Suffering. That's a word no one is too fond of--I mean who wakes up one morning and says,"I think I'd like to suffer today!" But somewhere along the path of life suffering finds us. It comes packaged differently for each individual, but one day when you least expect it, that package will be delivered to your door. The tag on your package may read with a variety of greetings. It might say,"unexpected financial loss" or"the doctors report says"or"your child is going to turn away from the Lord"or whatever the Lord chooses to write there. But make no mistake, the package will be prepared just for you and it is meant as a gift.
So how do we unwrap this gift? The apostle Paul knew about suffering. His suffering was personal. His thorn in the flesh was difficult and instead of others sympathizing with him, they made fun of him. They fell asleep while he preached. They stoned him and ran him out of town. They threw him into prison, and not just into any cell but down to the deepest, nastiest, scariest part of the prison. They mocked him, they scorned him and they almost beat him to death. Yep! I think we can all agree Paul knew about suffering. But in Philippians, he says something very interesting. He says that his desire is to know Christ and the power of his resurrection and the fellowship of his suffering. Hmm--Power or suffering--which would you choose? And why put the power part before the fellowship of suffering part? I mean shouldn't it be reversed? First suffering, then power. Apparently the Holy Spirit didn't think so. And it all fits together to make us conformable to his death. Let's really Think about this. How can we face death unless we know that there is life afterwards and how can we face suffering if we do not believe we will have victory over it? Now let's look at this again--The resurrection brings power, but the suffering brings fellowship. So before that package of suffering that we talked about earlier arrives at your door, you need to be thoroughly convinced that Jesus has given you the victory over all circumstances, even death and that nothing can separate you from God's love, provided for us by Christ Jesus. So once we are convinced that we have obtained the power of the resurrection that is the victory, now we are emotionally prepared for the suffering.
So many questions come to mind concerning suffering. Should I desire suffering? Should I run from it or run to it? How do I respond to it in order to gain maximum benefit from the experience? Why couldn't Paul have stopped with the power of the resurrection? Why did he have to go a step farther and bring up the fellowship of his suffering ? The whole thing sounds like a huge decision to me. Choosing the power is not a problem, but the suffering is quite another issue. When you think of resurrection power, you envision the King of Kings and Lord of lords in all of His omnipotence. Who does not want to be in on that?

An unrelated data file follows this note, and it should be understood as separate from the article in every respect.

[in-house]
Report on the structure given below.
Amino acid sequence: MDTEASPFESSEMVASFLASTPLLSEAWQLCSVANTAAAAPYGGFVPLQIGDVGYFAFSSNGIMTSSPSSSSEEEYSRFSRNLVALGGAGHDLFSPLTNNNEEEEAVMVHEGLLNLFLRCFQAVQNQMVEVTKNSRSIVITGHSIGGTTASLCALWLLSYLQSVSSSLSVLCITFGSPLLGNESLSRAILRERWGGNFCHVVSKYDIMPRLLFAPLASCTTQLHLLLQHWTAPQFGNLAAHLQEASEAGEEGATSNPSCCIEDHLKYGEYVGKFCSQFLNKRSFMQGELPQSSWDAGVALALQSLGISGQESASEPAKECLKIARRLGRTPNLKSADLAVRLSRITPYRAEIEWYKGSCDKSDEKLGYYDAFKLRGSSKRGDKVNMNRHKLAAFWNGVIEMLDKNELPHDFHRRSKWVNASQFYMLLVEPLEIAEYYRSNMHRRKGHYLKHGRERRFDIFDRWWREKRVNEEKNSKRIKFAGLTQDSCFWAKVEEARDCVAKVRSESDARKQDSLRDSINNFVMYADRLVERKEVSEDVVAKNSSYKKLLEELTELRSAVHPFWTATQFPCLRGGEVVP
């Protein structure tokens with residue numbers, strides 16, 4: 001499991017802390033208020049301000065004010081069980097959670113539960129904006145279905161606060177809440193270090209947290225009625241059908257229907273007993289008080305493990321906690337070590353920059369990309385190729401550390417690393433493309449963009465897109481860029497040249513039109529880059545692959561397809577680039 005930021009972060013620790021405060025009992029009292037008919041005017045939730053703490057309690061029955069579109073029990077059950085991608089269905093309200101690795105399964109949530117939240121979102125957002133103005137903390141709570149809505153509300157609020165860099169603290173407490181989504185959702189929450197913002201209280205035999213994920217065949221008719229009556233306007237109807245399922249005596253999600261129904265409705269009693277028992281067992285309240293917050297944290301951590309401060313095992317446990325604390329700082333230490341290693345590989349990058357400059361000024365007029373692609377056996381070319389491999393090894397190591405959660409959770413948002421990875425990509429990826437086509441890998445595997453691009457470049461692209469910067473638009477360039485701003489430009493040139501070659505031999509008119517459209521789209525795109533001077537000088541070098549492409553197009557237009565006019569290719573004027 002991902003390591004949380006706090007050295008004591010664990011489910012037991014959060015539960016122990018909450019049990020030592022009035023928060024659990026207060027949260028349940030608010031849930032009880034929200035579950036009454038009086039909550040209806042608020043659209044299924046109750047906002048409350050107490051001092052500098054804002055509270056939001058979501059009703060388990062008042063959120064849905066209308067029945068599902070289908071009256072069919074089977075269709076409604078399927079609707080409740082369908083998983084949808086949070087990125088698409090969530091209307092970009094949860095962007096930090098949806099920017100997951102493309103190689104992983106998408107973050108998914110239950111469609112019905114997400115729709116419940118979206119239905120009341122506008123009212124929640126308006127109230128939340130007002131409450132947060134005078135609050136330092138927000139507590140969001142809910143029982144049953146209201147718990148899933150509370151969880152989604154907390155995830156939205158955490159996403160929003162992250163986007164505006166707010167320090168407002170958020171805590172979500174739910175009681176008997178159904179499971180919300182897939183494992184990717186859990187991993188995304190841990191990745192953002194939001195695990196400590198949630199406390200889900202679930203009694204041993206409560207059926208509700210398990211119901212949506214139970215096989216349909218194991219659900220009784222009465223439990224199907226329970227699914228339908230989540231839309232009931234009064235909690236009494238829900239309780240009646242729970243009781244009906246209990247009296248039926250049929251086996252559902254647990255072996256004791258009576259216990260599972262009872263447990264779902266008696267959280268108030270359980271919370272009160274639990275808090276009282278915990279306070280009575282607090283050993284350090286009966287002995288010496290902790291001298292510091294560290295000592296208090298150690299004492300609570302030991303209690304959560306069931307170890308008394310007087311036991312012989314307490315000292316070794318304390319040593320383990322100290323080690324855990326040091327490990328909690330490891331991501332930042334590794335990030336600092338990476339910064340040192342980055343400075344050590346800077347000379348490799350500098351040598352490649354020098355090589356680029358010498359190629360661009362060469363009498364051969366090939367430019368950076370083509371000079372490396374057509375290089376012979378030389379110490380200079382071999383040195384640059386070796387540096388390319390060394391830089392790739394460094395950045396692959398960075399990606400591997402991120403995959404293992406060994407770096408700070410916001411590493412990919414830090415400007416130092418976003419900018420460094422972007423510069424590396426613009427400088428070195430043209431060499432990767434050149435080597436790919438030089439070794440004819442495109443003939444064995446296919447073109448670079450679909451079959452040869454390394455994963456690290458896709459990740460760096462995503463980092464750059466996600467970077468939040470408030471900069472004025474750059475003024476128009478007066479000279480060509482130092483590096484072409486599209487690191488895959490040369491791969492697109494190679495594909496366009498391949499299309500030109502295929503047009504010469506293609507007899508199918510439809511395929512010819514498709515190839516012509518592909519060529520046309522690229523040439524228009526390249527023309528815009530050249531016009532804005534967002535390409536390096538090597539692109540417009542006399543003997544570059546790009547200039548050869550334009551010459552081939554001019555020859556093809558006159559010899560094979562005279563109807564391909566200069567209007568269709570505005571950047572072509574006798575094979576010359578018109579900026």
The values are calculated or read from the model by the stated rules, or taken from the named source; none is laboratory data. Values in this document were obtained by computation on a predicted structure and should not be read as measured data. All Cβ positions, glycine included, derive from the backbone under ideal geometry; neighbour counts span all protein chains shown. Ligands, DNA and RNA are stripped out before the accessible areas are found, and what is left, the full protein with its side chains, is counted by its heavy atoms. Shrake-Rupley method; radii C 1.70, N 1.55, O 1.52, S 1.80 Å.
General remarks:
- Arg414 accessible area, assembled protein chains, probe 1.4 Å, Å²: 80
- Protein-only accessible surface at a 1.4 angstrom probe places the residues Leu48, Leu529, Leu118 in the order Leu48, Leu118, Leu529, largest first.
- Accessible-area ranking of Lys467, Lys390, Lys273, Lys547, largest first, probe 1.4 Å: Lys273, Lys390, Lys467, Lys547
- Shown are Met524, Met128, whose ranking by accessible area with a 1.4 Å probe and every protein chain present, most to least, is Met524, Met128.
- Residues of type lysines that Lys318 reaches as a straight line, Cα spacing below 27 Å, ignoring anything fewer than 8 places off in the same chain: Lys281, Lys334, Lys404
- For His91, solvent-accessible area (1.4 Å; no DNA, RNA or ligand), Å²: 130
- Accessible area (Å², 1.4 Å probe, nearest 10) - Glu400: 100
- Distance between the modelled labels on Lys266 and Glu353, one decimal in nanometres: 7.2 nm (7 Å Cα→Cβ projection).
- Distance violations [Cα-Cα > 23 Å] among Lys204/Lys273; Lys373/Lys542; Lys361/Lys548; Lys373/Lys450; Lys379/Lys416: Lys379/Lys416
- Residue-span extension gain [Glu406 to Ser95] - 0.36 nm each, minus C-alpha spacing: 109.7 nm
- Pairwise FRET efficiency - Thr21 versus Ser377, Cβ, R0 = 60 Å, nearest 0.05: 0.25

But there is another side of Jesus. His human side. The side that suffered unbearable pain and torture and humiliation and loneliness. Even our Heavenly Father turned away. Is that why now He asks for someone to come alongside of Him and share it with Him? I heard once that fellowship can best be described as two people in the same ship. Simple, right? But very true. Once again we see a choice. Someone must choose to get into the ship and then be willing to head in the same direction with the other fellow. Now to all of us control freaks, this sounds like a very tricky situation. The question arises,"Who is going to direct this boat?" And I believe the answer from the Lord Jesus is,"I am, if you'll let me." Sounds like a plan! if I take the ships wheel, I will definitely steer towards safe, known waters. Waters that are easily charted. That may sound like a sailors dream, but what is gained from it---practically nothing! If however I let go and allow Jesus to take the wheel, He will move out into choppy waters--seas that have never been navigated before. He will move into rough waves that might cause panic! But if I trust him, just maybe I'll come out on the other side, stronger, more mature, more usable in his kingdom work. And as hard as it is for me to admit it, only the suffering will accomplish this. The power of the resurrection is mine at any given time, it is always accessible. But the suffering end of the spectrum is different--that ship sails at different times over the course of our lifetime. I think it has to be that way--if suffering continued on and on we would faint and perish! However each time we willingly and yes, even joyfully enter into that ship of suffering, it grows us--it deepens us--it causes us to know our ship mate Jesus better and to trust Him more. The suffering brings death to our flesh and the power of the resurrection gives victory over it! So the next time that package of suffering arrives at your door, don't hide in the corner and pretend you're not home. Receive it as the gift it is meant to be, selected just for you. And when Jesus invites you into His ship, enter happily and trust your fellow sailor the Lord Jesus to guide you safely through.